Sierra Designs began with a mission to “create beautiful, functional, and attainable gear for adventurers of all backgrounds, experience levels, and budgets.”
It has built upon that ethos with its Reach Out program. It’s a way to highlight and sponsor more grassroots organizations working to expand diversity and inclusion in the outdoor space.
Sierra Designs Reaches Out
Since 2020, Sierra Designs’ Reach Out program has donated nearly $40,000 in gear and proceeds from online sales to eight nonprofits dedicated to improving economic, societal, and education access for underrepresented groups in the outdoors.
The brand will support one each quarter, with the partner organizations receiving $2,000 in product donations and 1% of web sales. Additionally, Sierra Designs says it will provide education, event support, and help raise awareness for each.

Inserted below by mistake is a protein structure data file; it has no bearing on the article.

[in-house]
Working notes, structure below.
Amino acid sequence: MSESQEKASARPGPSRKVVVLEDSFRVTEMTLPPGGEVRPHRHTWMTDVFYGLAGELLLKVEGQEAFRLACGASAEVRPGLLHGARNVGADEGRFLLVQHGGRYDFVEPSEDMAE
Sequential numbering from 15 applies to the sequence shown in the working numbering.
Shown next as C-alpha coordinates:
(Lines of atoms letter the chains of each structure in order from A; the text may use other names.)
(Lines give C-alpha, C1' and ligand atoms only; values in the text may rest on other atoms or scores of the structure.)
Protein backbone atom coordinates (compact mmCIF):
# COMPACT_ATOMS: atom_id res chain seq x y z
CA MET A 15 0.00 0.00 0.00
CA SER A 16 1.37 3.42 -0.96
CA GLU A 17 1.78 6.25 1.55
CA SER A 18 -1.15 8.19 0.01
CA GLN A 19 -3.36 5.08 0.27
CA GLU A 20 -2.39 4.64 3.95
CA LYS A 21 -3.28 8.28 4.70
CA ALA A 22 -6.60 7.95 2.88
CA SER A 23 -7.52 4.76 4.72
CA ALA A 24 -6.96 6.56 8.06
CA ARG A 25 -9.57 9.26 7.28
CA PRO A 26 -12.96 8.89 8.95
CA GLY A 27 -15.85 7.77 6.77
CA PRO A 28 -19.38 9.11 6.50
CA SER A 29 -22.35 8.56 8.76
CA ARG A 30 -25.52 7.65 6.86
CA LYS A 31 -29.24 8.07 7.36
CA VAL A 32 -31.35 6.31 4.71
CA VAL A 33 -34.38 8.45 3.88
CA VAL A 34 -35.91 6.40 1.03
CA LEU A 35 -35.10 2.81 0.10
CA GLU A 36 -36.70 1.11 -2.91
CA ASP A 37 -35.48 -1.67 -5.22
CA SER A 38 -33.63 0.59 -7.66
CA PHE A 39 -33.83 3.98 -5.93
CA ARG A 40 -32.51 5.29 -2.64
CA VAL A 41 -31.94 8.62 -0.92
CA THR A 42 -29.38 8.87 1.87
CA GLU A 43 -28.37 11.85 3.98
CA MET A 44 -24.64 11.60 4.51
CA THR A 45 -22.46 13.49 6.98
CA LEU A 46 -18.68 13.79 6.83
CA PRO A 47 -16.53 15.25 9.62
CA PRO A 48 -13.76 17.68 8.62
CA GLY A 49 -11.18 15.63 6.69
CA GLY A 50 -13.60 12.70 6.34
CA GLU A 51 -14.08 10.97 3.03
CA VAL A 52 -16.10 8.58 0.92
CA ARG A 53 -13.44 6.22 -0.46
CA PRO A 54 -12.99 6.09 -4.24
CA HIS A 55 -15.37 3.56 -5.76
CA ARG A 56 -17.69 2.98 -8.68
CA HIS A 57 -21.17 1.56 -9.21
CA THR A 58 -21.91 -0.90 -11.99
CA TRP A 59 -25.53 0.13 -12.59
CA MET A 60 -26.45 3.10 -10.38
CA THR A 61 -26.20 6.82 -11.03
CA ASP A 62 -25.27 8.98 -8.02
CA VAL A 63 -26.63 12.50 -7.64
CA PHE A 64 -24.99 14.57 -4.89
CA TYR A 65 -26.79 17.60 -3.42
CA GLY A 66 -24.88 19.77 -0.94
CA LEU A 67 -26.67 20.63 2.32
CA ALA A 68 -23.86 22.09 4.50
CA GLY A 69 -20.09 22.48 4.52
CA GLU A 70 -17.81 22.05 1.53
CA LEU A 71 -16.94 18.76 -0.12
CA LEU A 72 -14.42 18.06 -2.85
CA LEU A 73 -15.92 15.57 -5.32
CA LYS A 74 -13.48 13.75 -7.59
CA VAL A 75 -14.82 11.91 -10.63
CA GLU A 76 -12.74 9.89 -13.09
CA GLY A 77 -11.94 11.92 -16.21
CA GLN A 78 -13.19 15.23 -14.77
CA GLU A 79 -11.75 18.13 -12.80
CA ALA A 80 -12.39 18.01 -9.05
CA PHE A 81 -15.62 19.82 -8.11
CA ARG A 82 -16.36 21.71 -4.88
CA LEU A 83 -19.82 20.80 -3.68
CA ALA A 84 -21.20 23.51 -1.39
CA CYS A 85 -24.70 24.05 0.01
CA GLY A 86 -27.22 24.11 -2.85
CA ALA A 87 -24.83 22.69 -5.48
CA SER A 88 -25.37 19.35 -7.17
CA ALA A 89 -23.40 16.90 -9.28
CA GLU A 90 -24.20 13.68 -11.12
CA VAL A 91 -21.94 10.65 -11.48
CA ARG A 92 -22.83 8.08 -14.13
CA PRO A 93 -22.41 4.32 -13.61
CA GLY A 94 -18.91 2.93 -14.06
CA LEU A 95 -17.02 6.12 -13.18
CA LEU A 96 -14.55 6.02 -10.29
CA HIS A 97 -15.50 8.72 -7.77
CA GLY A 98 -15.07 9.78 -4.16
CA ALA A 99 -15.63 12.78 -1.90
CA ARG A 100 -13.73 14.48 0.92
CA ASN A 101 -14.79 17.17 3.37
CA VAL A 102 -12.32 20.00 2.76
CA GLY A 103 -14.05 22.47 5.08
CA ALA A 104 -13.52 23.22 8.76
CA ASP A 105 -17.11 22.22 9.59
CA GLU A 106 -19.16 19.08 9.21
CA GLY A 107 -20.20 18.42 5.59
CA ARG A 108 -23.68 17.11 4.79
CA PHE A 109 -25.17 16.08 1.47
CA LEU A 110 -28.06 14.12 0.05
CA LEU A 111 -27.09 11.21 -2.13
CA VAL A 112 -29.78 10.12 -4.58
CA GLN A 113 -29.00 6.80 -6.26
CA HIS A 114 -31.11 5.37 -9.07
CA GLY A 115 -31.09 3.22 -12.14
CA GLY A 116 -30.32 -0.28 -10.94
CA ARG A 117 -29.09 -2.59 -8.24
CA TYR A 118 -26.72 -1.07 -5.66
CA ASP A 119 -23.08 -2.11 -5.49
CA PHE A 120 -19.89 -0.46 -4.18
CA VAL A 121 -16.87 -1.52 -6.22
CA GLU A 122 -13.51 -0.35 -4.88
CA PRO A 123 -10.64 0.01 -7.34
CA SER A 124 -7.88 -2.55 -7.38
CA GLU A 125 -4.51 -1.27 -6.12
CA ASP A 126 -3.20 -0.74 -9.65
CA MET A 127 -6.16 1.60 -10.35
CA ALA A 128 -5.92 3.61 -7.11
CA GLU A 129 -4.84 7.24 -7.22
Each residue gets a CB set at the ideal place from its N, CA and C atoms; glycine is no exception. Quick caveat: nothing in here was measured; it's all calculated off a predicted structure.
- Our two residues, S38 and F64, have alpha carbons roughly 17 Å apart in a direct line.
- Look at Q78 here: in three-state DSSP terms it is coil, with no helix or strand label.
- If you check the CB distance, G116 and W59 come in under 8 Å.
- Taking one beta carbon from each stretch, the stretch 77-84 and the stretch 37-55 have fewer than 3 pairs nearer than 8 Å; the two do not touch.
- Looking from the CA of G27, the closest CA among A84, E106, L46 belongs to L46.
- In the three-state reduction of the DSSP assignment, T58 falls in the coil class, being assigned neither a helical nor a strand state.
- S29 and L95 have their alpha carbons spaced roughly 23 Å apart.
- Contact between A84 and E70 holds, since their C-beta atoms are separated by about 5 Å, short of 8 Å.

These organizations share a goal to help others break down barriers like access to the outdoors as well as obtaining essential gear. Socially, they promote inclusion through gender, sexuality, or race to grow the outdoor community.
Sierra Designs and the partners feel that the experience and knowledge gained through communing with the outdoors provide a foundation for future outdoor leaders.
‘Reach Out’ Program Partners
LGBT Outdoors states its mission is “to connect the LGBTQ+ community to the outdoors and to each other.”
This network of peers seeks to provide support, encouragement, and guidance to connect fellow members to find enjoyment in nature. Part of this means feeling safe outdoors as well as developing new skills.